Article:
University of Michigan Health System to Create Clinical Information System

The University of Michigan Health System (UMHS) and IBM recently announced a joint initiative to develop a Web-based, clinical information system designed to reduce medication errors and improve its level of patient care. The enterprise-wide infrastructure will provide electronic physician order entry of prescriptions and other clinical procedures that can improve clinical outcomes, with the goal of increasing patient satisfaction and supporting UMHS' ongoing work with local and state partners to create healthy communities.

The first phase of the program, currently in progress, is to design and build a Web-based infrastructure to support medication management. The second stage will create an enterprise-wide clinical data repository to incorporate an advanced medical lexicon to standardize clinical nomenclature. Future applications may include consultation management, coordination of care and outcomes, patient records, patient charge capture, clinical data capture, and other documentation.

The solution will use IBM Websphere Advanced Edition, version 3.5, IBM VisualAge for Java 3.5, and Websphere Studio. Phased deployment is targeted for the first quarter of 2002. For more information, visit Launches Gastr'enterology Site, a medical specialists' network, recently announced the launch of a news and information Web site for gastr'enterologists., (, the 20th site in's planned network of 37 specialty sites, is structured so that doctors can immediately access the specialty areas of most interest to them. In addition to General Gastr'enterology news, the site's subspecialties include Basic Science/Genetics, Biliary System, Colonic Polyps and Cancer, Esophagus, Gastrointestinal Bleeding, Gastrointestinal Motility, Inflammatory Bowel Disease, Liver, Nutrition, Pancreas, Small and Large Intestine, and Stomach.

Using proprietary technology, aggregates all the gastr'enterology news and research from the Web's medical sources, including The American Journal of Gastr'enterology, Gut, Gastr'enterology, The Journal of Gastr'enterology and Hepatology, JAMA, and The New England Journal of Medicine. also offers daily e-mail newsletters that deliver specialized gastr'enterological news. All services provided on are free to users and are supported by targeted business-to-business advertising and an e-commerce platform.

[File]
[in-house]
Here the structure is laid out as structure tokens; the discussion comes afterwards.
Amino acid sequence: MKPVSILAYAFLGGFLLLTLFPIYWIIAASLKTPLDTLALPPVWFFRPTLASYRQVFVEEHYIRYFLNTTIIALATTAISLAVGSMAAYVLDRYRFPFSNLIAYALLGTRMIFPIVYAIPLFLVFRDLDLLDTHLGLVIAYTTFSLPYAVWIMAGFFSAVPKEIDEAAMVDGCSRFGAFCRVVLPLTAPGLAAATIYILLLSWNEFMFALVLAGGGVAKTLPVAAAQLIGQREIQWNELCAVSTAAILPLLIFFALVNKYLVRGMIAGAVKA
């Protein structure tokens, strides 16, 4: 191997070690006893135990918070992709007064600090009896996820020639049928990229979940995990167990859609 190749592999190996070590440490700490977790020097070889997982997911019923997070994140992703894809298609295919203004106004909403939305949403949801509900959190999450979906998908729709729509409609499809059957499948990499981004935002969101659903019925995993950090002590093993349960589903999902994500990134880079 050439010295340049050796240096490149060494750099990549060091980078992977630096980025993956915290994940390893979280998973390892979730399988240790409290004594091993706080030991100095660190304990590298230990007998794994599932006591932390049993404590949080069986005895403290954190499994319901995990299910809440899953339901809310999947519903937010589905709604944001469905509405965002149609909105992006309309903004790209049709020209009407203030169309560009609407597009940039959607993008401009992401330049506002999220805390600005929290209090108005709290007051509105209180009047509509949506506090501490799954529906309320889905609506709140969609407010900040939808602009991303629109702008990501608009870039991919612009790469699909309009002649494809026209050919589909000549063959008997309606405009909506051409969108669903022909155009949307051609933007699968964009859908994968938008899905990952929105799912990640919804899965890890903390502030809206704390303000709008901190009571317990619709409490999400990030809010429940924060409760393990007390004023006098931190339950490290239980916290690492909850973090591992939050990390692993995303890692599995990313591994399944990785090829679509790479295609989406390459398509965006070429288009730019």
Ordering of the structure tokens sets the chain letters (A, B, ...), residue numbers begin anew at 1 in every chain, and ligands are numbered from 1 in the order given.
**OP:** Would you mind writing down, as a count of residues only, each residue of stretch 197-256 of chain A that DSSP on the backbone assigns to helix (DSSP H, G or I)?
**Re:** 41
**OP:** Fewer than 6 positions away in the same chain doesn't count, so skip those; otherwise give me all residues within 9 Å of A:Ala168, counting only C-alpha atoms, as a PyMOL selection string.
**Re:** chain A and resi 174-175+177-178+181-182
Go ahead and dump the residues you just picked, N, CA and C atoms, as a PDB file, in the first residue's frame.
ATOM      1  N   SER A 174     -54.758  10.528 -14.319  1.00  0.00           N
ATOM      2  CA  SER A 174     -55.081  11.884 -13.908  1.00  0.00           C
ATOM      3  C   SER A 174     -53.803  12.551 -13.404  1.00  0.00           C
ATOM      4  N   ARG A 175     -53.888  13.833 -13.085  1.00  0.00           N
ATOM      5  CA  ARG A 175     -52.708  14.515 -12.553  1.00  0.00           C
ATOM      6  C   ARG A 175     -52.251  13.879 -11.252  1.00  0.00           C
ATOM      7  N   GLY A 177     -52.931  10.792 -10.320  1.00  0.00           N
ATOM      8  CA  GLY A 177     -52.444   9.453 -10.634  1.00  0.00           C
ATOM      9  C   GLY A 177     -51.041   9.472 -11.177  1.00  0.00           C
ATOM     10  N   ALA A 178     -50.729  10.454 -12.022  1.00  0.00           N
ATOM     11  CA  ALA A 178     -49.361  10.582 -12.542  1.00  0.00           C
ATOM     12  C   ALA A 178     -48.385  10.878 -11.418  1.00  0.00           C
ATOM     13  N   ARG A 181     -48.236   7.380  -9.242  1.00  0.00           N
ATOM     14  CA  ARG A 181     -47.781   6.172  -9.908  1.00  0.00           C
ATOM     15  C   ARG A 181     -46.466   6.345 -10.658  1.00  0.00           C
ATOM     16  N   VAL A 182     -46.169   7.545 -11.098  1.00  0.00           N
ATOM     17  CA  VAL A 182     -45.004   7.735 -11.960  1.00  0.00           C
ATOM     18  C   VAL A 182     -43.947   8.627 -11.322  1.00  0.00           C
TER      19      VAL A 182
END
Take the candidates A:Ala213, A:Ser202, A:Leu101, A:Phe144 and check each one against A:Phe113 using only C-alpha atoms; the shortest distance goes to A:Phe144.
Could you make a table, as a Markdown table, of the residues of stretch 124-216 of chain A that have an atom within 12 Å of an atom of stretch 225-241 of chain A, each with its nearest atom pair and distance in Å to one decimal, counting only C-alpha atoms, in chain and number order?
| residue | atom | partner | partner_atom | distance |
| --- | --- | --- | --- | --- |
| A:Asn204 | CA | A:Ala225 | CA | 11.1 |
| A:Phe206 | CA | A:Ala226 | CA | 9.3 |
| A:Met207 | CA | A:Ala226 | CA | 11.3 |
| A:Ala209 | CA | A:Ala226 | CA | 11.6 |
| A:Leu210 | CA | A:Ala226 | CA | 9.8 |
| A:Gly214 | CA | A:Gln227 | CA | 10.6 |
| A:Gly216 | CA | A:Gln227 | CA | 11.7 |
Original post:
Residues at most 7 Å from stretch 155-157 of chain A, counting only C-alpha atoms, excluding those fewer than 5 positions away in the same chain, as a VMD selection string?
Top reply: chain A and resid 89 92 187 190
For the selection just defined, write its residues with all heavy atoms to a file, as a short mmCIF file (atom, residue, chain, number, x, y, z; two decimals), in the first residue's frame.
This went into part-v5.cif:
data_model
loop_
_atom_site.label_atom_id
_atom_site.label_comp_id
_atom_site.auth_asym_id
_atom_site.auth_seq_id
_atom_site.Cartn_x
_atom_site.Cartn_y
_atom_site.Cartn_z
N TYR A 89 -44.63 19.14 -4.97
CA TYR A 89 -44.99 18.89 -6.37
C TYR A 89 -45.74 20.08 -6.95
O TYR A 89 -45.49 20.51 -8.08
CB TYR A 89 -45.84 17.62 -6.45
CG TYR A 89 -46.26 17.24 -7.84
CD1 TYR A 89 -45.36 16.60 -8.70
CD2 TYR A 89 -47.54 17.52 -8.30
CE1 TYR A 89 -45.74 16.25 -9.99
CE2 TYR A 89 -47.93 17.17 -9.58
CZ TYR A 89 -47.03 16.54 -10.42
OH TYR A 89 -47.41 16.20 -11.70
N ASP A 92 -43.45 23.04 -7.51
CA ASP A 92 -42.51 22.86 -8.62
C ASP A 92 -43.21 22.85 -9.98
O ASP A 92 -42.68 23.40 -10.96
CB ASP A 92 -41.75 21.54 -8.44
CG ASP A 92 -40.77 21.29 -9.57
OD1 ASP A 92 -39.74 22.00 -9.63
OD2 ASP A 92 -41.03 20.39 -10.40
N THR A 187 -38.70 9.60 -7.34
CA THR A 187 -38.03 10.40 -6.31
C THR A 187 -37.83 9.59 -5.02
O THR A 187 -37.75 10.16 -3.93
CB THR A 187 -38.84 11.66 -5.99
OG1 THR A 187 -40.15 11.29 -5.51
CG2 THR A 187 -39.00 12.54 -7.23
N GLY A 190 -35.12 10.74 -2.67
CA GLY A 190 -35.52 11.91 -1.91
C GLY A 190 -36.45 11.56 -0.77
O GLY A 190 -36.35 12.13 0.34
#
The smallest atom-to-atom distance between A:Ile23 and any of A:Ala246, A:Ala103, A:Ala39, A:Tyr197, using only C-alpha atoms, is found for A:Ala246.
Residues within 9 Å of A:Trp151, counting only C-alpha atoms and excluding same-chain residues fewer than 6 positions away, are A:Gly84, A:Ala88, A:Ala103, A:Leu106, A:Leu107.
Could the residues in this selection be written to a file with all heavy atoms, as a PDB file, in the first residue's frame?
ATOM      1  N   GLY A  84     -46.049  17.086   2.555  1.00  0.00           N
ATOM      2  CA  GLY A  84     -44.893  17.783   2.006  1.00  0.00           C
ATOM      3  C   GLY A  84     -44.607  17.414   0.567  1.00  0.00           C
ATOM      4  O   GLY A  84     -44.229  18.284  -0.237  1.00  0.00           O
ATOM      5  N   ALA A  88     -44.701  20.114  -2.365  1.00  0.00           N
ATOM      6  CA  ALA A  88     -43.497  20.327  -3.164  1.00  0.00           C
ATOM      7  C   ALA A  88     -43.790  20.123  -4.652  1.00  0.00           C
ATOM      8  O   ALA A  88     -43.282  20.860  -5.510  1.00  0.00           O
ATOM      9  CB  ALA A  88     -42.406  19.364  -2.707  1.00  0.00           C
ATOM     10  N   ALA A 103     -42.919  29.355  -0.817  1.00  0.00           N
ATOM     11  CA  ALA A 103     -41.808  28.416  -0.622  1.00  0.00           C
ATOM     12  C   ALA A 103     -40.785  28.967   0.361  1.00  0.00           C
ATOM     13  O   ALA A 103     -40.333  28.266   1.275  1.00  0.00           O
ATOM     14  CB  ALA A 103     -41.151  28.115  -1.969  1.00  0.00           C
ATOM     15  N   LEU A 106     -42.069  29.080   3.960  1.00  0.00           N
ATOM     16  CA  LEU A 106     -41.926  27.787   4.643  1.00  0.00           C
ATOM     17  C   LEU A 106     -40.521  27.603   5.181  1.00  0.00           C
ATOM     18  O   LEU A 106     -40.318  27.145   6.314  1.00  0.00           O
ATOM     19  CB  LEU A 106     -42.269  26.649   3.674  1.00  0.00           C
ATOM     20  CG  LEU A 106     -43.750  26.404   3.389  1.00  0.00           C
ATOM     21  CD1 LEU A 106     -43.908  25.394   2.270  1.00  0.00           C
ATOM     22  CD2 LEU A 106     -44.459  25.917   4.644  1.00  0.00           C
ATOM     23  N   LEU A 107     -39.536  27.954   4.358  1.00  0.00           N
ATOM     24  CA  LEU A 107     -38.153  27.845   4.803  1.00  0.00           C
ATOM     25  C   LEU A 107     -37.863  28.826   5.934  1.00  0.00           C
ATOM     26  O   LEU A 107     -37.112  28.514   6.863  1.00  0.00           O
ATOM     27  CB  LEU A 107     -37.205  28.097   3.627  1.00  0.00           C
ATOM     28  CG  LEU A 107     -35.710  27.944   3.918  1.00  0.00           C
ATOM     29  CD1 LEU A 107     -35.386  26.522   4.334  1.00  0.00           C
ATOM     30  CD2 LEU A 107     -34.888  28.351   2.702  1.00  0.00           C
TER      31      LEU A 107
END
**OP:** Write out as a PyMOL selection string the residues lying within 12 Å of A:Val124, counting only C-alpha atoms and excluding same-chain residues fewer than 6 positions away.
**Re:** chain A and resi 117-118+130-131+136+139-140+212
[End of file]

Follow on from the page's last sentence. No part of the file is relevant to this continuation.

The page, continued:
Virus Replication Results

In a project funded in part by the National Science Foundation, researchers at Purdue and the University of Minnesota used micro-imaging techniques, including X-ray crystallography and cryo-electron microscopy, to determine the structure of the DNA packaging motor in a virus called Bacteriophage phi29. Scientists involved at the two institutions have solved the three-dimensional structure of the central component of a biological motor that powers the DNA packaging system in a virus, providing the first glimpse of such a motor system. The study revealed how the core of a tiny motor, just millionths of a millimeter in size, is constructed and suggests how it works to pack long stretches of the virus' genetic material into its outer shell during the process of viral replication.

The results point to new opportunities in nanoscience, and may provide clues as to how DNA is packaged in similar viruses-- including Herpes virus, which causes human ailments such as Herpes simplex, chicken pox and shingles--and suggest ways for developing drugs that prevent illnesses caused by viral pathogens.